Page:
Review:
I’m a real sucker for evil pregnancy/children stories.  Rosemary’s Baby and The Omen are two of my favorite movies.  So when I heard about this new take on a classic trope, I knew I had to try it out.  The book ends up being much less about pregnancy and more about the perils of genetic modification, providing an interesting twist on the evil pregnancy trope that carries out through the childhood of the babies that were conceived.

Essentially, the parents’ genetics were so messed up by the treatments performed by the doctor that they start turning into something different from human.  Something a bit more animalistic.  The children, of course, also have some of this animalistic genetics, but most of the differences don’t show up until puberty.  This allows the children to be innocents for most of the book while their parents have gone off the rails from their very first treatment.  My favorite part of this book is how it offers a smart critique of pushing our bodies to do something they don’t want to do.  Where is that line?  How far should we push things with science and at what point will using science make us something different from human?  And is that something different going to necessarily be better?  Leslie clearly feels that her children were ultimately worth everything she, her husband, and their bodies went through, but the book itself leaves the answer to that question up to the reader.

Beyond this concept, though, the actual execution of the characterizations and the plot get a bit messy.  The writing can sometimes wander off onto tangents or become repetitive.  Some aspects of the plot are explored too much whereas others are glossed over too quickly.  The book starts out tightly written and fast-paced but toward the end of the book the plot gets disjointed and goes a bit off the rails.  Part of the issue is a bit of a lack of continuity regarding just how messed up Leslie and Alex actually are by the treatments.  Are they still at all human or are they completely untrustworthy?  Is there any possibility of redemption for them?  At first both seem equally far gone but then Leslie seems to pull back from the edge a bit, thanks to a MacGuffin.  It’s hard to be frightened of the situation if the frightening aspect of the parents comes and goes at will.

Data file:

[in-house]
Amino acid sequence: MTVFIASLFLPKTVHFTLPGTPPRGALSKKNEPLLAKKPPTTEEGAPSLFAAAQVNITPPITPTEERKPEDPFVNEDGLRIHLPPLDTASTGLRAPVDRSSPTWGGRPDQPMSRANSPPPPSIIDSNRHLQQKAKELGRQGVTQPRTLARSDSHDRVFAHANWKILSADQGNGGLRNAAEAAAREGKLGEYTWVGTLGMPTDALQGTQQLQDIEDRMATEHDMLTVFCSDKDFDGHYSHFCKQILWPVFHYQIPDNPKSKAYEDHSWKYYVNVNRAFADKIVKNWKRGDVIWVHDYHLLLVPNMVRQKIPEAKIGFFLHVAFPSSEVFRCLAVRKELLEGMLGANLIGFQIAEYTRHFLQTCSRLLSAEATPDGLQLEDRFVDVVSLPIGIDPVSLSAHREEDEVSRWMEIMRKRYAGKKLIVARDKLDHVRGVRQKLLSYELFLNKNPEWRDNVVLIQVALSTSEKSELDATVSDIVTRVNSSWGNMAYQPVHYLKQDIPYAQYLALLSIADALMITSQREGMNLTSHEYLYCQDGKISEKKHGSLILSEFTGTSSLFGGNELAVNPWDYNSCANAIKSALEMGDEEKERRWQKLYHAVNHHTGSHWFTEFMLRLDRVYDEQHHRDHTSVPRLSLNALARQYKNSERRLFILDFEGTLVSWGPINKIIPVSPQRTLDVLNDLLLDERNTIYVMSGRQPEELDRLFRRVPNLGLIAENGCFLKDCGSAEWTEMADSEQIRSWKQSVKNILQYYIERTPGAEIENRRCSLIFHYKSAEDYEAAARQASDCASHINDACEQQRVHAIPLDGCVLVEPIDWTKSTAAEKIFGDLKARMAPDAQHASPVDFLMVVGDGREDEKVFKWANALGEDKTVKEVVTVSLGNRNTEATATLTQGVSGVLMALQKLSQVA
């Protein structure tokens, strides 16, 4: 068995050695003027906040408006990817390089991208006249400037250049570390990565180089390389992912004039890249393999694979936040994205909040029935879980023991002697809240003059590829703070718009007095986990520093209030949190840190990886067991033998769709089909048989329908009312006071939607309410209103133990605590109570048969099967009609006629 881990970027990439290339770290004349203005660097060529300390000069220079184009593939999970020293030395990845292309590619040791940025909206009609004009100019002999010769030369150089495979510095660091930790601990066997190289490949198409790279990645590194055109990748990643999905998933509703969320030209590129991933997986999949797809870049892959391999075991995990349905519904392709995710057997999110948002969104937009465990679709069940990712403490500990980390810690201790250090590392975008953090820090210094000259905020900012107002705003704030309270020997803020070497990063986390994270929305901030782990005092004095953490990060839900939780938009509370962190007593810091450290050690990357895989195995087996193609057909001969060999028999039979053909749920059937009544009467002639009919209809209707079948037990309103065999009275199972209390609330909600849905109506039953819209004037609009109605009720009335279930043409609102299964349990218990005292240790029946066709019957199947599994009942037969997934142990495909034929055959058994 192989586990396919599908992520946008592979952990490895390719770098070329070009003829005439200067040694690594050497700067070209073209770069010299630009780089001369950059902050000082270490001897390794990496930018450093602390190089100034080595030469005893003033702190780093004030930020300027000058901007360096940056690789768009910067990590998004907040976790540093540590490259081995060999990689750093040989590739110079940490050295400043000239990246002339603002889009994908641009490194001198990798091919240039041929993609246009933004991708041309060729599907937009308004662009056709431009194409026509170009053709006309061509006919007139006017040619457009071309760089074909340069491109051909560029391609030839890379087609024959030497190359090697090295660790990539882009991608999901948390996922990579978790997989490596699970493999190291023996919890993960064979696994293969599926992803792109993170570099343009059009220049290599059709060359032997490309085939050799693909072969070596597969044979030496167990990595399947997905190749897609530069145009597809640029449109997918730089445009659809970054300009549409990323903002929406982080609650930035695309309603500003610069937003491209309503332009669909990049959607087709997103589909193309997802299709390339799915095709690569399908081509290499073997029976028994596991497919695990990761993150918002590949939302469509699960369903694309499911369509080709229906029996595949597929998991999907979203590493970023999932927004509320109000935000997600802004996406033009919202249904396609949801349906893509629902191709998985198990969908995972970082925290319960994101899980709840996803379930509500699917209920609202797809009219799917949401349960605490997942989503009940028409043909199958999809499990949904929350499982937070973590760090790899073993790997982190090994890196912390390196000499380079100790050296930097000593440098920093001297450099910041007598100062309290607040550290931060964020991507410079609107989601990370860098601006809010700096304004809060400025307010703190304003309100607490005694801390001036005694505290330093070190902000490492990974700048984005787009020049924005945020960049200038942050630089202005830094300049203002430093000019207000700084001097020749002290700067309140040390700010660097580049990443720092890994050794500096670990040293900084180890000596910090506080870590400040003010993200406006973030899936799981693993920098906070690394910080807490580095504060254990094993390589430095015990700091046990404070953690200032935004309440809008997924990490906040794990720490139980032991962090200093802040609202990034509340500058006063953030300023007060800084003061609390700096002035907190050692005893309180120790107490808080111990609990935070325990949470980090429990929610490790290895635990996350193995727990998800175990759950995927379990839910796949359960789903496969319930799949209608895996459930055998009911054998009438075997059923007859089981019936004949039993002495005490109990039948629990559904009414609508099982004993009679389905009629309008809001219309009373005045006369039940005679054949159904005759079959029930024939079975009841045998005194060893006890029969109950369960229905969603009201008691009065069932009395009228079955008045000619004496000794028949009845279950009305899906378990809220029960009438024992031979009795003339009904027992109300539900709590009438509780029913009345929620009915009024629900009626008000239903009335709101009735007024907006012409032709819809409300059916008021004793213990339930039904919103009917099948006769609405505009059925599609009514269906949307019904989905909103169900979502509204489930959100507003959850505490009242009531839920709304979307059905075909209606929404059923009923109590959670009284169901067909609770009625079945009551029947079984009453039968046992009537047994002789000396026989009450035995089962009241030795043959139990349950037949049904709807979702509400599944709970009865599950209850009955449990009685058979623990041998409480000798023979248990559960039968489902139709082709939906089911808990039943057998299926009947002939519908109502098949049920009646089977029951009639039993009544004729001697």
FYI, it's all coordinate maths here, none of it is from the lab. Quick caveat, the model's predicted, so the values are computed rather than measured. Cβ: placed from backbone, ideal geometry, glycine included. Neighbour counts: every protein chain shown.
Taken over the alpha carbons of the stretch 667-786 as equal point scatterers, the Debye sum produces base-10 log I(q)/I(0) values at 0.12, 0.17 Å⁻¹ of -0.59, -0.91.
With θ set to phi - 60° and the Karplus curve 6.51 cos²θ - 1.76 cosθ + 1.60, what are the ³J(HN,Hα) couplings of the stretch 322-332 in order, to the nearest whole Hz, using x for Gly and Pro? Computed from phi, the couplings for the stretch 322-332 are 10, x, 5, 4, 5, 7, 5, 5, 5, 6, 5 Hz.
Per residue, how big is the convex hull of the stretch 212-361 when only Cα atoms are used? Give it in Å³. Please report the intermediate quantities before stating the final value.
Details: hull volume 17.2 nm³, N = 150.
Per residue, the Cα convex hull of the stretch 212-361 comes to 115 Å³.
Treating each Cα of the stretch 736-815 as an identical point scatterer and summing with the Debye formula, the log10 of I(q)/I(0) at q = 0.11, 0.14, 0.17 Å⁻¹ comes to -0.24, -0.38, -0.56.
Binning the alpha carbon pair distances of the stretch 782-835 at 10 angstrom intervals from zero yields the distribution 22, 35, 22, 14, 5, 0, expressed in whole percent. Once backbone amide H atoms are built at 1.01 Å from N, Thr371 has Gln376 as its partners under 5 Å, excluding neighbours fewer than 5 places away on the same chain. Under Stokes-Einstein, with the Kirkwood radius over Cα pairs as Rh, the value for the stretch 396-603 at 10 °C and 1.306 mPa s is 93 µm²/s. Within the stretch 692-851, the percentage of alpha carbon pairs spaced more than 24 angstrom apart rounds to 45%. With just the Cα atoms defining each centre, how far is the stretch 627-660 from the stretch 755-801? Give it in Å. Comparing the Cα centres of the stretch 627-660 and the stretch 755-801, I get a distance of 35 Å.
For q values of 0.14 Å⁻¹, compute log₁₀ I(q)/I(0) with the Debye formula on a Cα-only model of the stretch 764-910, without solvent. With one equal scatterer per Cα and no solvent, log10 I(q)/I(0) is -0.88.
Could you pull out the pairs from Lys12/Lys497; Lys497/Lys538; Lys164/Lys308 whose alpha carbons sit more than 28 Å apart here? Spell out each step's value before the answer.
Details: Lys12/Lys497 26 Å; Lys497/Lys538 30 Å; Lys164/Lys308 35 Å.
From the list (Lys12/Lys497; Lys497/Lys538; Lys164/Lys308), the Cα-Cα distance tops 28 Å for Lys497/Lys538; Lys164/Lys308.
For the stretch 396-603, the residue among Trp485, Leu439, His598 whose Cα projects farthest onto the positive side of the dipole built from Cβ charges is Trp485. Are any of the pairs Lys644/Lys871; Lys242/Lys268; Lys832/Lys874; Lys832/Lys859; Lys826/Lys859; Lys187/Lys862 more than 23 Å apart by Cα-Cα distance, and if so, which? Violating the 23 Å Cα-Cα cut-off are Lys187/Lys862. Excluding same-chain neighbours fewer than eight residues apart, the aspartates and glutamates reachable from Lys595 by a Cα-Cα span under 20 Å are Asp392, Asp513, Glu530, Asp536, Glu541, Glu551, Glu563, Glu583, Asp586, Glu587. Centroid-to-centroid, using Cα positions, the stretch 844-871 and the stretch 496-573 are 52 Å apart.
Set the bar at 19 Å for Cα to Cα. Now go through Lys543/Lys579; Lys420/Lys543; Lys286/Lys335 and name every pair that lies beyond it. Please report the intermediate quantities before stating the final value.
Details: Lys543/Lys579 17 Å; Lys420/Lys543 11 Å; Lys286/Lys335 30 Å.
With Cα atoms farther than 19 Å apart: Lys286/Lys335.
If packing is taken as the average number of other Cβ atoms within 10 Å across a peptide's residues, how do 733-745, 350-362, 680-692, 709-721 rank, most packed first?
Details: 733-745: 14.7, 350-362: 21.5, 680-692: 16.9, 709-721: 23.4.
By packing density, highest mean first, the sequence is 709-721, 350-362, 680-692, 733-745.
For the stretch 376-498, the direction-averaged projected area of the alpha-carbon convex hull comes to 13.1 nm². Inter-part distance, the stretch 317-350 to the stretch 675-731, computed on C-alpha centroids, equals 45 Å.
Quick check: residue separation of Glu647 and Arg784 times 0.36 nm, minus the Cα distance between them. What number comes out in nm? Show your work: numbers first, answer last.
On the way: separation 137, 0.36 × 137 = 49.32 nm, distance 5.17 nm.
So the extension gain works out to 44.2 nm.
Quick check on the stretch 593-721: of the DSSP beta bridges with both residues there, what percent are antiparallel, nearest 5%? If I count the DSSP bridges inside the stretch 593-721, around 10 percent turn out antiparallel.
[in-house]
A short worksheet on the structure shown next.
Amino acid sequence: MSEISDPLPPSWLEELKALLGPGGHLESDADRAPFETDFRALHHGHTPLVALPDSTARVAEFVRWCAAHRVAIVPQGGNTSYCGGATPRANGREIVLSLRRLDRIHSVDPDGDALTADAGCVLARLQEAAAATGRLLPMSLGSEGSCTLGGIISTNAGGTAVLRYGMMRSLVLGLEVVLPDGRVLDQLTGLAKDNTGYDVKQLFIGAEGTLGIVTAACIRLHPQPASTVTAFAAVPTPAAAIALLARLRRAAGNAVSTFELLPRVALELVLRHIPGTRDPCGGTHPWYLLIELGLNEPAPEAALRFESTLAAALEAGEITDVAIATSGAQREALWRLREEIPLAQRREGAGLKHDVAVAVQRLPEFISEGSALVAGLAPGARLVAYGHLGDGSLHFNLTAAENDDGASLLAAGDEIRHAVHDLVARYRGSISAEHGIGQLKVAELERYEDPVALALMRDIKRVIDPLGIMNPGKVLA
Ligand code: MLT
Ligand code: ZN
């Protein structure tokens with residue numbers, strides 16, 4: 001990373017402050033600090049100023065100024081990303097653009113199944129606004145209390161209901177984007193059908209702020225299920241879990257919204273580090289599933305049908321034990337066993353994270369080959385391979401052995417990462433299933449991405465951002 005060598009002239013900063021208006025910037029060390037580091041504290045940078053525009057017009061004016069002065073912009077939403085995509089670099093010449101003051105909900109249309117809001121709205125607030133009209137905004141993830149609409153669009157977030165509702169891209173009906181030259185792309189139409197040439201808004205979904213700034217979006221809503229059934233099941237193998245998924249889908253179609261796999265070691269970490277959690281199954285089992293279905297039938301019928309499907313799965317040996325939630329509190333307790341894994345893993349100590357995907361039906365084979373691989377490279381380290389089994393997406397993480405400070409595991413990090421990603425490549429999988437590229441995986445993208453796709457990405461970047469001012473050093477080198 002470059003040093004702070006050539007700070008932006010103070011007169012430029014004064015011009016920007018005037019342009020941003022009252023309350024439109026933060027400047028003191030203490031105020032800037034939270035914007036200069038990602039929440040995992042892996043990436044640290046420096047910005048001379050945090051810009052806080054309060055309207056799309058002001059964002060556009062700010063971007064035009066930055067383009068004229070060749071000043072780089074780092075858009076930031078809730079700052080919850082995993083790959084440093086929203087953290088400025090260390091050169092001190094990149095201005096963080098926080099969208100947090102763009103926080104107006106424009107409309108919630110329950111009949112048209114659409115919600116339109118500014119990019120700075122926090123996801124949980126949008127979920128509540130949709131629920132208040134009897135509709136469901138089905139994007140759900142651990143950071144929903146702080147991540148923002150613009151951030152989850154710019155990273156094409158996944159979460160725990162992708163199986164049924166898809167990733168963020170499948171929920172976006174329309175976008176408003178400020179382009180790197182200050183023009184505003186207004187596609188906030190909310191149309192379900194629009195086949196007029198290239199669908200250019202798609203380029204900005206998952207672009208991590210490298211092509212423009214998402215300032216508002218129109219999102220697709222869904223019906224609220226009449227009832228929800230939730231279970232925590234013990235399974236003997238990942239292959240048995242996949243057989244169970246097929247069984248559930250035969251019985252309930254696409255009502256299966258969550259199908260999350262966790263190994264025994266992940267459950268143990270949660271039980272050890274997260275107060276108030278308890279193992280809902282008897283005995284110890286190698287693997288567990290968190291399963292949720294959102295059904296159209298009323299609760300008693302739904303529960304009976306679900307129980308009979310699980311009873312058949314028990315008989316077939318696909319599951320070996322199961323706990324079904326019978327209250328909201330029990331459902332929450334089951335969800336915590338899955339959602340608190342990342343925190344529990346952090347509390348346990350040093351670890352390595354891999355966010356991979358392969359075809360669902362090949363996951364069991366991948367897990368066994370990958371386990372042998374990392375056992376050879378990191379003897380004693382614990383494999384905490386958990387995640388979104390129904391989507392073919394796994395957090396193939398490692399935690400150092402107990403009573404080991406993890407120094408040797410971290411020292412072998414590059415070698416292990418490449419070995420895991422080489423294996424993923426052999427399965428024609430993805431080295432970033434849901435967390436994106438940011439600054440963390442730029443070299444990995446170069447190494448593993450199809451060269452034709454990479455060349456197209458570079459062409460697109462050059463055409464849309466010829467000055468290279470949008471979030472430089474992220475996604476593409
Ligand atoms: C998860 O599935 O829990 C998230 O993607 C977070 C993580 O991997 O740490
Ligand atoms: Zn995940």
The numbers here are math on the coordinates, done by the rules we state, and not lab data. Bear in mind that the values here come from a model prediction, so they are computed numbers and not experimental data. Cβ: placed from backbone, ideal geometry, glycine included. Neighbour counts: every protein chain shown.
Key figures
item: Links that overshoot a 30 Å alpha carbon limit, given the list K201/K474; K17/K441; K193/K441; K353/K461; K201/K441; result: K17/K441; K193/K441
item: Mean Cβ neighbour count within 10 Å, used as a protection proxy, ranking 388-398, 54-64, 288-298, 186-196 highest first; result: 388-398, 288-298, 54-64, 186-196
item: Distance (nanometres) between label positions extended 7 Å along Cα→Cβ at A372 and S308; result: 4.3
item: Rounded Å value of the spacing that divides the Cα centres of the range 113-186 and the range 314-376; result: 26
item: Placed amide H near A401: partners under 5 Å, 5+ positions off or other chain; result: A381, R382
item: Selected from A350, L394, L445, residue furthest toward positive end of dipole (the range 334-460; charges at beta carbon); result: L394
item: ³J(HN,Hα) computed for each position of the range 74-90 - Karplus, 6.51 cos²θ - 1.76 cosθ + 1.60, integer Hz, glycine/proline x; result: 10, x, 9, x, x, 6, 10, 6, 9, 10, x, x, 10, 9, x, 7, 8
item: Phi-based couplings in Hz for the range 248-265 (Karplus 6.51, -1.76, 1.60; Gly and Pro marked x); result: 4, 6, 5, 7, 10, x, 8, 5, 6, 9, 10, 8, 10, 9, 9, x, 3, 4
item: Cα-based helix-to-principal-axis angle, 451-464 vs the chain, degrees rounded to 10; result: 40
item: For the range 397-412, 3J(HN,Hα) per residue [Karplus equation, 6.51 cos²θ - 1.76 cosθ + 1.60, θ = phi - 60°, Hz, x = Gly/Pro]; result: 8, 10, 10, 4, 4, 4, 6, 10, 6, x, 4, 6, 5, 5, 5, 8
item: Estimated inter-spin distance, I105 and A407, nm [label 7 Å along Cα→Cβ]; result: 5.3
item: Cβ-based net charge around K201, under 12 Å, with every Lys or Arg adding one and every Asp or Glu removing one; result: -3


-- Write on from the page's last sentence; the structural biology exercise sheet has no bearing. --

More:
Similarly, in spite of the book wanting us to root for Alice and Adam (the twins Leslie and Alex have), it’s hard to really feel for them when they come across as extraordinarily two-dimensional, particularly Alice.  Children characters can be written in a well-rounded way, and when it’s well-done, it’s incredible.  Here, though, Alice and Adam seem to mostly be fulfilling the role of children and not of fully fleshed characters.

Most of these issues are more prevalent in the second half of the book, so it’s no surprise the ending is a bit odd and feels like it leaves the reader hanging.  I was surprised to find out there’s a sequel, as I thought this was a standalone book.  On the one hand I’m glad there’s another one, because the story isn’t finished.  On the other, I’m not a fan of such total cliffhanger endings.

Overall, the first half of the book offers up a thrilling and horrifying critique of just how far people should be willing to go to get pregnant.  The second half, however, is not as tightly plotted and drops the well-rounded characterization found in the first half of the book.  Recommended to pregnancy and/or genetic modification horror enthusiasts who may be interested in a different twist but won’t be disappointed by a cliffhanger ending.

3 out of 5 stars

Source: Audible

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Book Review: Beverly Hills Demon Slayer by Angie Fox (Series, #6)

September 24, 2014 2 comments

A woman holding a sword stands near a dog wearing star sunglasses.Summary: